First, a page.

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Many organizations are struggling to be run in an ethical fashion that consider all stakeholders and contribute comprehensively to society. As is true in much cross-discipline research, concepts and values can inform and enhance one another to produce broader contributions to society. This paper suggests this is the case when cross-pollinating Ignatian and business values for teaching business ethics that results in more ethical organizations. However, teaching Ignatian values as an ethical view in business schools is fraught with several practical issues including its place within the broader ethics literature. Our paper addresses a way that Ignatian values can be taught within a discipline-specific framework – namely by cross sectioning the values with “innovation” and “efficiency”. The practical utility of this framework is illustrated through several real-life examples. This framework is pragmatic and useful in guiding the personal and professional lives of students and organizations who seek to acquire business knowledge and intertwines the fields of management, ethics, and spirituality in a practical manner. The framework proposed in this paper provides moral and spiritual guidance for teaching, living, and running ethical organizations.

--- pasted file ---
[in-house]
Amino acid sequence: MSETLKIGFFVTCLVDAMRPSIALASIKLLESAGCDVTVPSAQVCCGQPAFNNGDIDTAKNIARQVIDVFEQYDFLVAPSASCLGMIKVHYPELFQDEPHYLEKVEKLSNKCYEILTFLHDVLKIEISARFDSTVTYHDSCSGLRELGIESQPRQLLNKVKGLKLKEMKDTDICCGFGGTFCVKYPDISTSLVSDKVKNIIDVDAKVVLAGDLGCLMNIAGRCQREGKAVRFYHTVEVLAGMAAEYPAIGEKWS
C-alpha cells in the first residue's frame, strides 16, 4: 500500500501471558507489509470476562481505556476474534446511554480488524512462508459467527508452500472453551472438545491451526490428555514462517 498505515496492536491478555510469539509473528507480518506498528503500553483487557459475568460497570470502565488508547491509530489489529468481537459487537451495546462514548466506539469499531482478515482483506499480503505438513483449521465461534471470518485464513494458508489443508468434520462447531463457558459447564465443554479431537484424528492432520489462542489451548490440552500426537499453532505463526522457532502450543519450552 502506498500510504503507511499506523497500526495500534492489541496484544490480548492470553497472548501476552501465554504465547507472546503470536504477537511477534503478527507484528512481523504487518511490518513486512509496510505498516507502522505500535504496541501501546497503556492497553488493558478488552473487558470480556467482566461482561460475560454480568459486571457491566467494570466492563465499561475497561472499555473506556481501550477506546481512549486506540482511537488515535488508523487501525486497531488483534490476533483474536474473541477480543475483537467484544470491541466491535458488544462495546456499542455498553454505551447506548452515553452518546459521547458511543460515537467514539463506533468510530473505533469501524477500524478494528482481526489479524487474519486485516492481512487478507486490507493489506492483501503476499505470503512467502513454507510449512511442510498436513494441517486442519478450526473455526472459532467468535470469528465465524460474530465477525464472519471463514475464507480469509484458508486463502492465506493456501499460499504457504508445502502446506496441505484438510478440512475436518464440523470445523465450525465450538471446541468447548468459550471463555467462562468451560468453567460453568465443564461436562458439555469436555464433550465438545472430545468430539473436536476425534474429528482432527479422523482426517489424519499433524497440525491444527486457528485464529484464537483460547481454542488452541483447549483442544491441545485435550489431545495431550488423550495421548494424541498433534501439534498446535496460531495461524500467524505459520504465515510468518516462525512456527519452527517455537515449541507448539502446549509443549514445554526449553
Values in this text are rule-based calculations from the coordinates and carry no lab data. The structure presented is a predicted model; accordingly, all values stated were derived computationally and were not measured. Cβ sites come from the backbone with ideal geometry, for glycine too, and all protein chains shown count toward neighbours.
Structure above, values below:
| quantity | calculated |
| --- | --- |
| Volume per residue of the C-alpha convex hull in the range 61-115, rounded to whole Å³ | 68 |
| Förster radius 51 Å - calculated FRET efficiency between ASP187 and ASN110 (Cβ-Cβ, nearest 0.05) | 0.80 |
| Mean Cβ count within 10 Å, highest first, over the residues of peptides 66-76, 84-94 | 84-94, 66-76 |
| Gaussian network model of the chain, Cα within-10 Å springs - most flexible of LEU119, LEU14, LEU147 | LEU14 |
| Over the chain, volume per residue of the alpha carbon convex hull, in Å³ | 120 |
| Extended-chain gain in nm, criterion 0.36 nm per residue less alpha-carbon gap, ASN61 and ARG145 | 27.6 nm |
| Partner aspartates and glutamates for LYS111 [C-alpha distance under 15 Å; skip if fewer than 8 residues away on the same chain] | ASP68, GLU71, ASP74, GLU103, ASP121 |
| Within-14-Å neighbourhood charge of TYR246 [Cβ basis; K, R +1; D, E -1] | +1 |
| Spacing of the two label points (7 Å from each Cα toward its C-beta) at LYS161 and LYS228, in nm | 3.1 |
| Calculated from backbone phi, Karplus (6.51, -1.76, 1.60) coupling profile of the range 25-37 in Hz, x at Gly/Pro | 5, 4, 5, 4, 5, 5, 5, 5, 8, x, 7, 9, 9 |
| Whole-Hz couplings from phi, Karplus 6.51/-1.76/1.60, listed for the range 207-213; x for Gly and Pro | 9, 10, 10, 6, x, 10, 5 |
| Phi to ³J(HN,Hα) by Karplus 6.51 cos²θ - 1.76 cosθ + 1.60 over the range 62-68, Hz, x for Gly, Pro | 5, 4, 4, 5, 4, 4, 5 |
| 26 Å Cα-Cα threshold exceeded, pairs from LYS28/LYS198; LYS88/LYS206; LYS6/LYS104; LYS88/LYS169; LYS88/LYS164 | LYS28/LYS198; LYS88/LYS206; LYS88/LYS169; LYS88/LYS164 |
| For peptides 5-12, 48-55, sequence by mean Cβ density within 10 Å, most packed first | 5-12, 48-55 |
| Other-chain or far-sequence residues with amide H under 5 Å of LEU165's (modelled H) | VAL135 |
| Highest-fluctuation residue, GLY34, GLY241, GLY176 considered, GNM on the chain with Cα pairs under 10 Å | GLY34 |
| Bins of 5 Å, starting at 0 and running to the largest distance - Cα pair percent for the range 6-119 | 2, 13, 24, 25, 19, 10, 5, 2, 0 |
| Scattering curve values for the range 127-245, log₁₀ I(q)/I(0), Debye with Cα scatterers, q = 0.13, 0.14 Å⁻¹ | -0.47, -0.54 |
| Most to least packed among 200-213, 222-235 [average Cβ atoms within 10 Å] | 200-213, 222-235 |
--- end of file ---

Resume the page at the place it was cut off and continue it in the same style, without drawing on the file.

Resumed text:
case studies (with accompanying teaching notes)
13. Journal of Business Ethics Education: Volume > 18
Richard H. G. Field, Carolina Villegas-Galaviz Business Ethics Mini-Case Analysis
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Using the analytic framework of normative logic presented in Fisher, Lovell, and Valero-Silva (2013: 140-141), provided here are five original business ethics mini-cases that may be used to teach and practice case analysis. We have taken the six questions that are used in the analytic framework of normative logic to solve ethical problems and have adapted them to seven steps that can be applied to conflict resolution of mini-cases in class. Then the adapted normative logic model has seven steps: Describe the “fundamental needs of humankind” as they relate to the case, e.g. caring, supporting, reciprocity, fairness, trust; Explain the established norms, values, and laws that can be seen to apply in this case; State in brief the facts of the situation; Examine the network of circumstances that preceded the situation (come to an understanding of how the actor came to this point); Generate at least three alternative positions and actions open to the actor in the case; Speculate on the hypothesized consequences of the different positions or actions the actor in the case may take; and Choose among the alternative positions the actor in the case might take and give your informed and judged reason for making that choice. A suggested answer is provided for one case, which could be reproduced as a class handout for students to examine after having done their own analysis and having discussed the case as a class.
14. Journal of Business Ethics Education: Volume > 18
Shafik Bhalloo, Kathleen Burke Considering the Costs of Signing an NDA: A Case of Workplace Sexual Harassment and Assault